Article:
3D Animation Work

When a person begins work as a 3D animator, he has to keep in mind that he will be expected to work as part of a team and be productive. There are different methods of determining productivity, but usually he will be expected to come “up to speed” quickly. A military background, for example, should give a person an edge in understanding the need for being disciplined and prepared to contribute to the team from day one.

Two basic aspects come into play. One is that an employer will expect certain skills with a fair degree of mastery. The other is that additional skills which are not necessarily a spelled-out requirement will be a big help in increasing productivity.

Suppose you were hired by Pixar to work on the movie Monsters, Inc. While it would be nice to choose the storyline, the types of monsters, etc., in reality those decisions are made by people far above you. Since you are a new hire you will be on a team of 2-4 people doing something tedious, difficult, mundane but absolutely essential. When I make 3D animations and movies, they sometimes do not turn out as expected. But as a “solo act” I can say, “That’s still cool. I will change the story to fit it.” As part of a team you will not have that luxury. You must perform your assigned task and make it fit in with the team’s and with the project as presented.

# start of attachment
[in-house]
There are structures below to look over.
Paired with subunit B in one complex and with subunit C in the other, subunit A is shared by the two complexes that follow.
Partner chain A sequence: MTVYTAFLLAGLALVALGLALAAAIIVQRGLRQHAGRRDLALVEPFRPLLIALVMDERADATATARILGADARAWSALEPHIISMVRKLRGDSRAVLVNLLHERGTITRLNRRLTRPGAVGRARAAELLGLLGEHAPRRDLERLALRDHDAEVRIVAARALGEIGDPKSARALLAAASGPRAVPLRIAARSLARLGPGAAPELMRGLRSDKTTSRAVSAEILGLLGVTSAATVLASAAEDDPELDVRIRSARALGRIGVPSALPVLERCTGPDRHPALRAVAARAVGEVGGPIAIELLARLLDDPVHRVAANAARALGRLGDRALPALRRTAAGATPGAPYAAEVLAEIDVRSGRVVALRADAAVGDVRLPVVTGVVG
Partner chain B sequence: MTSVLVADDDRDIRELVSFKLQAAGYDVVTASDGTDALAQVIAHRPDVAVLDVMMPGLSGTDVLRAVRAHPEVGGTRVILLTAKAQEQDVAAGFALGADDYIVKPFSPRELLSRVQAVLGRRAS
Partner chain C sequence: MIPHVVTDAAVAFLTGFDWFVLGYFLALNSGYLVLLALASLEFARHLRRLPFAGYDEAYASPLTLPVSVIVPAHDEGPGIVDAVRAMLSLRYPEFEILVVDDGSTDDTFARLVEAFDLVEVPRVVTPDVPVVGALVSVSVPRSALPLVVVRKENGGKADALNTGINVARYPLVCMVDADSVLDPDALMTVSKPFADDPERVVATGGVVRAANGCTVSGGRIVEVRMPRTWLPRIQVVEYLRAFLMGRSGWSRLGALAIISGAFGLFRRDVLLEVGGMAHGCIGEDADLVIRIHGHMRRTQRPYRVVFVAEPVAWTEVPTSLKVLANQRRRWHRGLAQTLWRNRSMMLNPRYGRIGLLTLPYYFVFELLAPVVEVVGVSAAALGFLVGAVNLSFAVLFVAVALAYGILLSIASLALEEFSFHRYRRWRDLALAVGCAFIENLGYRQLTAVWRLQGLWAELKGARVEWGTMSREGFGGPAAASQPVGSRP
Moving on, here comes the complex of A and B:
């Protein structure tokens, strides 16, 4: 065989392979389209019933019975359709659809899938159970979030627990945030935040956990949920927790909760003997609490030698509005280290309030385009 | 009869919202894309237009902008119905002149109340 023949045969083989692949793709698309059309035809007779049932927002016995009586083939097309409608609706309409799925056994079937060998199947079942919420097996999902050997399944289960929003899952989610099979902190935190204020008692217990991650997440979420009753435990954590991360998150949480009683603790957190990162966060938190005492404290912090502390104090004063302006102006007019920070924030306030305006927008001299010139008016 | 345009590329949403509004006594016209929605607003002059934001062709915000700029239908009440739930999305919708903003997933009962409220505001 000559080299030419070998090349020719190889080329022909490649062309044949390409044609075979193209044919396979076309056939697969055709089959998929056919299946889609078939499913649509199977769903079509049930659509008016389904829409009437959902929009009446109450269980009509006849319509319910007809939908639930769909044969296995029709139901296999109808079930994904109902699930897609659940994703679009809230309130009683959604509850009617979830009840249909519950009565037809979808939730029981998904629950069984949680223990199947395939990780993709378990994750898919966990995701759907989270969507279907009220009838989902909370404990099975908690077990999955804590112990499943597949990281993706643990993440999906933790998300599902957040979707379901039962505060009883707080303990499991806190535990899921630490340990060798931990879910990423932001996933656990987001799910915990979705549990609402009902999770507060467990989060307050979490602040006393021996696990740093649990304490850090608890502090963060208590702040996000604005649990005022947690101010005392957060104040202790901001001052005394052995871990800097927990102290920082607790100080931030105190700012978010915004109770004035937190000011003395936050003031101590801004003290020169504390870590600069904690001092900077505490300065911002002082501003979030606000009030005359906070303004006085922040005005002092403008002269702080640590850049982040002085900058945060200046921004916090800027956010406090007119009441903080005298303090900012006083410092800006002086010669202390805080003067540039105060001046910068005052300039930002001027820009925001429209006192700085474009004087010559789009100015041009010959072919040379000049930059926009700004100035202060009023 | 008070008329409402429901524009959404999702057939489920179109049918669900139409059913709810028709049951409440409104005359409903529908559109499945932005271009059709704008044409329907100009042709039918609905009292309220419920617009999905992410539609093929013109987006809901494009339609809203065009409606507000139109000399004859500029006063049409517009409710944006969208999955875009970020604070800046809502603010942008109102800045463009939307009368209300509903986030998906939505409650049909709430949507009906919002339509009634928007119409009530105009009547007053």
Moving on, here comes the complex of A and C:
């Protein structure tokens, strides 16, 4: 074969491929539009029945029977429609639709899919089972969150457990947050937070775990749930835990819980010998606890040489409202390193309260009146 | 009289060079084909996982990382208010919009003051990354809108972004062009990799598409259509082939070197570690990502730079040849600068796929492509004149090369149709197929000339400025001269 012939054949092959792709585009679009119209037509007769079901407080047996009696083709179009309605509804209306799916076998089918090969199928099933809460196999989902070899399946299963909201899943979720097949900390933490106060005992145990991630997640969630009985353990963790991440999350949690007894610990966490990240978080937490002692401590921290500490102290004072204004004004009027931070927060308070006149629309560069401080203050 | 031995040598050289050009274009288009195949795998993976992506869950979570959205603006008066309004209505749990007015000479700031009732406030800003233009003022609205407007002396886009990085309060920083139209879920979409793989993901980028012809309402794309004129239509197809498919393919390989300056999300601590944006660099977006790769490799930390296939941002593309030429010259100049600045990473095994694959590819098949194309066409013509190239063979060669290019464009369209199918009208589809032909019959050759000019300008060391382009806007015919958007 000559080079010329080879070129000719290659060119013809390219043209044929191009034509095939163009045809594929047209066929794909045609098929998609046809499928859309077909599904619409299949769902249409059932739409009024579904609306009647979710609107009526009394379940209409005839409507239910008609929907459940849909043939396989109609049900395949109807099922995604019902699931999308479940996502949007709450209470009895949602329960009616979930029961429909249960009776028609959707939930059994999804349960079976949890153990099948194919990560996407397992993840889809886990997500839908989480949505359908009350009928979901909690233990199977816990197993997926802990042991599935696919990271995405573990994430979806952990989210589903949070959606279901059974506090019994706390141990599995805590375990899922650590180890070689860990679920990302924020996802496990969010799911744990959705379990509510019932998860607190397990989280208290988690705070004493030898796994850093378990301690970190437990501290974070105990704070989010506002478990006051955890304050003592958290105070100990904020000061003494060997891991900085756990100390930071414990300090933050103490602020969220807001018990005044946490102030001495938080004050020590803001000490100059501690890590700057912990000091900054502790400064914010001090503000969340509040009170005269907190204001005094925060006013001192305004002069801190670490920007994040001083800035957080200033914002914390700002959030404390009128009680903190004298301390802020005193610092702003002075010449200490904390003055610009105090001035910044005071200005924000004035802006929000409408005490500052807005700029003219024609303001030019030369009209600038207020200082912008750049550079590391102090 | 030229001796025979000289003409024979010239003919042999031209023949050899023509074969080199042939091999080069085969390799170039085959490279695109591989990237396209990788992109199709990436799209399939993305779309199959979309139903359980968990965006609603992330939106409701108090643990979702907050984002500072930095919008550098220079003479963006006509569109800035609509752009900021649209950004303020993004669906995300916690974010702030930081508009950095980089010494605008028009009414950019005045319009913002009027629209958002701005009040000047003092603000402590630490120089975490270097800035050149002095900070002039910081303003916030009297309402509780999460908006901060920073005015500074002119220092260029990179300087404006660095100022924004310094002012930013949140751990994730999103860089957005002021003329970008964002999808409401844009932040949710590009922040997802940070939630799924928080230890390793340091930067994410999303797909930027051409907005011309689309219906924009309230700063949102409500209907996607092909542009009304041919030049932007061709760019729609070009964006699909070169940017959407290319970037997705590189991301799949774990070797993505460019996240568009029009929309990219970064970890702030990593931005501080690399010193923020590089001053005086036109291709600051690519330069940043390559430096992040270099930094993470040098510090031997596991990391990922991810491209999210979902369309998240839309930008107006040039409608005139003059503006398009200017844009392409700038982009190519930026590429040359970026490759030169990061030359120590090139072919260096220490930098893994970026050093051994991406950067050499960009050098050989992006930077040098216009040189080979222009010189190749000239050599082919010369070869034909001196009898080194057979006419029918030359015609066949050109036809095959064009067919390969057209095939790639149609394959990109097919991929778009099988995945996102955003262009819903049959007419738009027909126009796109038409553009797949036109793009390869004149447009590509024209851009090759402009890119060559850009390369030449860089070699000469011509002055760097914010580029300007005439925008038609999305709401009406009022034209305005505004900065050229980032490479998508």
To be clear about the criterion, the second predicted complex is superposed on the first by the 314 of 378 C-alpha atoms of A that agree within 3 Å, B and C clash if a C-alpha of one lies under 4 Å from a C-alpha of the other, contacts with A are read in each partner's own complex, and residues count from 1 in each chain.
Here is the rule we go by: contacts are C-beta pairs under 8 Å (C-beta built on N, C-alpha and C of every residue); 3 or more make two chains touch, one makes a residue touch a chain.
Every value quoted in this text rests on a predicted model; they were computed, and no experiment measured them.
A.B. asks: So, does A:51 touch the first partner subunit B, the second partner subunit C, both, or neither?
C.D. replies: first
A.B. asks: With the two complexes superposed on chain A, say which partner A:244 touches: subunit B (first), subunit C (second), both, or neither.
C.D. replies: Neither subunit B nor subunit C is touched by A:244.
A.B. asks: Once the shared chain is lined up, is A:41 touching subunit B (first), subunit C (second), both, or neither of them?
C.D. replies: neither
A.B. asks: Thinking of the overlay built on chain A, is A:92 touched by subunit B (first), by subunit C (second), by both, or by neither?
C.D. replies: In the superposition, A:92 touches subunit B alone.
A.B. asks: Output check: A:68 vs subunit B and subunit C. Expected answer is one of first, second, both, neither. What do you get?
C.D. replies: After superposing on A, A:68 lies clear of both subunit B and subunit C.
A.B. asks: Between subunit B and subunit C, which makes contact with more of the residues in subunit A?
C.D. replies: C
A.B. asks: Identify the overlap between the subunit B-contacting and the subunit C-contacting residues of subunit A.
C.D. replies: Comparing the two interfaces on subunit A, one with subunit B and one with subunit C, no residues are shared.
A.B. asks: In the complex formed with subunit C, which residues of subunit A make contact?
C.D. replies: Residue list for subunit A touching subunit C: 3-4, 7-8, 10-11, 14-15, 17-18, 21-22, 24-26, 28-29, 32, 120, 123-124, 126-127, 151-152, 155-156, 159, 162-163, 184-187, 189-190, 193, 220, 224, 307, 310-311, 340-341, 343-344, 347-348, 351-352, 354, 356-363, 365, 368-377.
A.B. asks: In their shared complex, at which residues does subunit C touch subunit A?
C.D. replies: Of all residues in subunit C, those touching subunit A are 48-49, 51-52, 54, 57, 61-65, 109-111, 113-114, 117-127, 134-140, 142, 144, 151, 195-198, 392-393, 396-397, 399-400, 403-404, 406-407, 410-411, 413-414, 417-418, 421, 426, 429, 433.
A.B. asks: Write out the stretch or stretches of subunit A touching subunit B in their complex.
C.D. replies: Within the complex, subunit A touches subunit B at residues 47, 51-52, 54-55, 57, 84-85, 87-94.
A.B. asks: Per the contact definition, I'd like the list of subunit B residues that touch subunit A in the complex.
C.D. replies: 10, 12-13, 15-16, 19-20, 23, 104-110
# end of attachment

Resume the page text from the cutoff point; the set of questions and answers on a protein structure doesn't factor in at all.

Suppose your assignment is to make hair for Sully. In the real world this might not have been a separate assignment but this is an illustration. This will require a fairly thorough understanding of Pixar’s Renderman Software. Is the hair a plug-in module? How thick do they want it? How long should it be? How should it move in relation to the overall model? Stiff like a bristle brush? Like a horse’s mane? Will a special program be needed for collision prevention? Co-operation with other teams might be required if your project integrates with theirs. Some decisions must be made very quickly. Other things such as color might not even have been decided yet, but will need to be acted upon as soon as they are made.

Is it fur or hair? A 3D animator is expected to be able to distinguish certain things as soon as he starts a job, to bring certain specific abilities with him and understand certain things the first day.

1. Really boring stuff you have to know

High end 3D animation software operates on multiple computers at the same time. UNIX is a system designed to operate on multiple computers. Linux is a free (open source) version with many similarities. You must learn UNIX to be productive in this field. The book UNIX in a Nutshell is a good beginning for learning the commands. You will need a computer with UNIX or Linux installed in order to get familiar with the systems. There are differences between the two, especially the fact that Linux works with smaller systems and UNIX works with much larger, sometimes worldwide ones.

Most 3D animation programs are written in a high-end language called C++. While understanding C++ is not essential, since there will be others on the team who specialize in that, you need a basic understanding. Take at least a semester of a programming language, such as Pascal, and avoid programs such as Basic which rely on Spaghetti Logic.